School districts in New York State may soon be allowed to install cameras on their school buses’ swinging stop-sign arms in hopes of catching motorists who pass stopped buses. Here is a staggering statistic for parents: The state’s Operation Safe Stop estimates that 50,000 drivers in New York pass stopped school buses with red flashing lights every day.
In fact, last year, 850 drivers were ticketed on one day in April for illegally passing buses as part of Operation Safe Stop as police officers were instructed to be on high alert for such infractions.
The legislation has passed the state Assembly and will soon pass the Senate as well, and then Gov. Andrew Cuomo has said he will sign it into law.
The cameras would activate and capture an image of the vehicle’s license plate if the driver passes illegally. The photo would go to local police, who would ticket the drivers and impose fines from $250 for the first offense to $275 for a second and $300 for a third violation.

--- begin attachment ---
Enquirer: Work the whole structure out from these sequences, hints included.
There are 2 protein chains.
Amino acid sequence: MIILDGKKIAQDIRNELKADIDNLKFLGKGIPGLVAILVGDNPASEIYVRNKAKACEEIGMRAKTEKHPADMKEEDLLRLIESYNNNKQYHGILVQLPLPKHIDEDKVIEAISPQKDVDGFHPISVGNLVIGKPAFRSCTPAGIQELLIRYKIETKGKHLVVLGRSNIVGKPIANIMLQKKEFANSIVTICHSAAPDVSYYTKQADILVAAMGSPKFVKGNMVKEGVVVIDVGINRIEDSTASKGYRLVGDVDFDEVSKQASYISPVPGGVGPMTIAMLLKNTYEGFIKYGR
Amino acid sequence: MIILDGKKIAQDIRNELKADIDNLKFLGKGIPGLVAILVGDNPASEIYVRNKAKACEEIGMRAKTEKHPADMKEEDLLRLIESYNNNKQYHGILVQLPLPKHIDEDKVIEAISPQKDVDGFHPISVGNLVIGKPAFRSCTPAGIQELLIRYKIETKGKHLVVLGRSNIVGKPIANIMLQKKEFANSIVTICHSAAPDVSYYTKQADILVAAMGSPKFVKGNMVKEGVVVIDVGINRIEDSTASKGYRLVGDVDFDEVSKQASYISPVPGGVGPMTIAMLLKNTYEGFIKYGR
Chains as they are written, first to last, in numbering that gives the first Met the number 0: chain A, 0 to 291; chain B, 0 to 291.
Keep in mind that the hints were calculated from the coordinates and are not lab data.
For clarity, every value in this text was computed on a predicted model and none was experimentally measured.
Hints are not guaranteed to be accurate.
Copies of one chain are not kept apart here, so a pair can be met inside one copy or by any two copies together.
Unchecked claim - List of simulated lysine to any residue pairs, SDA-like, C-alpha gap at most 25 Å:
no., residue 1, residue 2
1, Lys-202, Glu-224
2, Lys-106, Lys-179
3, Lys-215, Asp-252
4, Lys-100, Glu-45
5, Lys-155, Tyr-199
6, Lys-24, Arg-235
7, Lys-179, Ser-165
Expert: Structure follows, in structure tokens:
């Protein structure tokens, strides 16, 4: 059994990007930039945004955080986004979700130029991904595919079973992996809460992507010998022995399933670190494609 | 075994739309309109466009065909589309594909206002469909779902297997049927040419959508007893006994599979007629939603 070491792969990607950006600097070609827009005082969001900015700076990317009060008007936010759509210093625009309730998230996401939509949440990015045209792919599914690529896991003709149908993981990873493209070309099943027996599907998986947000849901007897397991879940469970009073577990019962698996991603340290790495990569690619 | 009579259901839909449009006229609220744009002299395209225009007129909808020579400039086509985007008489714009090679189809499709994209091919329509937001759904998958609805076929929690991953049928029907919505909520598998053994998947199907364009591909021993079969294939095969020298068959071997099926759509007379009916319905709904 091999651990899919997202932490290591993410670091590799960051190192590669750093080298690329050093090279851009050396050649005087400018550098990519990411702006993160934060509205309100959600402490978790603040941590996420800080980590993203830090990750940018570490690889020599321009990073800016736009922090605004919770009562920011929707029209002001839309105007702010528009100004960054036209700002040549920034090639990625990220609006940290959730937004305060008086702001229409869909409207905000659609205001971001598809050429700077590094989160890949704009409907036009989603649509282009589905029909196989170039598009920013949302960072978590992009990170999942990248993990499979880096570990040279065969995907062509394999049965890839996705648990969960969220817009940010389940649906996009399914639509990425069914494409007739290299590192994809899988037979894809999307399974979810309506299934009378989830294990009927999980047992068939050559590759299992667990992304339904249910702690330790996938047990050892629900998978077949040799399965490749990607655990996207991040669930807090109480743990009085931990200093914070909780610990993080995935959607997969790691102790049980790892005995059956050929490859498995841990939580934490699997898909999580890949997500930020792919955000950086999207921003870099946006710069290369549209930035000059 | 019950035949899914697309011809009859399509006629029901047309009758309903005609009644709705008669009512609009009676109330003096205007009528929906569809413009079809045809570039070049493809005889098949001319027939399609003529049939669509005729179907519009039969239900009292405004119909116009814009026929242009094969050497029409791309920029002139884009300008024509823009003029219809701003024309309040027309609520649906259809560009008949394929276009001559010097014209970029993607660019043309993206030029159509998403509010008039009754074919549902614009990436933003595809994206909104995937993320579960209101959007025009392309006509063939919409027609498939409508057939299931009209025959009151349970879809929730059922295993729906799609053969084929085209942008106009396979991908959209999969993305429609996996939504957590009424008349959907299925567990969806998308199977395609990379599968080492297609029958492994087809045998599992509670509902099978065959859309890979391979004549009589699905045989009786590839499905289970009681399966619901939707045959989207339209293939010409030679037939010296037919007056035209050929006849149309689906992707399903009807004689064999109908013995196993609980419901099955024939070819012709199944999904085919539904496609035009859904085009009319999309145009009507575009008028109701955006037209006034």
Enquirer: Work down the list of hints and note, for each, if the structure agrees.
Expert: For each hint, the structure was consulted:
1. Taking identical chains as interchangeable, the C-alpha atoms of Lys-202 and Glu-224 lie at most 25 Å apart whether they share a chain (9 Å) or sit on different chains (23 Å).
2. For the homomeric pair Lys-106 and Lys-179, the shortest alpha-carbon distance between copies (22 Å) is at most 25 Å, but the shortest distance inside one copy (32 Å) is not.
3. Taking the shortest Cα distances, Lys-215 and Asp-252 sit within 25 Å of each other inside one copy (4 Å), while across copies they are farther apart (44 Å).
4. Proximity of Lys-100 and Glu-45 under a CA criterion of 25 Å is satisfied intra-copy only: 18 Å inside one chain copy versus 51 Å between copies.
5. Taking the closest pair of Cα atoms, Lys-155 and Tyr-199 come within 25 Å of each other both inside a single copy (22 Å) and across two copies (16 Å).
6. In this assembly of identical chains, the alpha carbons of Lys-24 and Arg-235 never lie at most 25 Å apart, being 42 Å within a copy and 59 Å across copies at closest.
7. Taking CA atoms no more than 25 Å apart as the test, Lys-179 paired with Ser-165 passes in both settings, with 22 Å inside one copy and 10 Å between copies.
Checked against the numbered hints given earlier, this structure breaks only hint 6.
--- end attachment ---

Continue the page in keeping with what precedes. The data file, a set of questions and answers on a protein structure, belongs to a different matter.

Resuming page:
The law also calls for communities to install signs on school bus routes reminding drivers that cameras are in use and it is illegal to pass a stopped bus that has its red lights flashing.
The legislation, once approved, will likely set in motion a flurry of activity across the state.
- Communities in the Southern Tier and across the state will have to approve a local law allowing school bus cameras.
- Then school boards would have to approve hiring a company to install them on the stop arms of buses, or another spot on the vehicles that can show license plates.
The program would expire in five years, at which point state lawmakers would decide whether to continue it. Pennsylvania and at least 15 other states have already allowed school bus cameras, according to the National Conference of State Legislatures.
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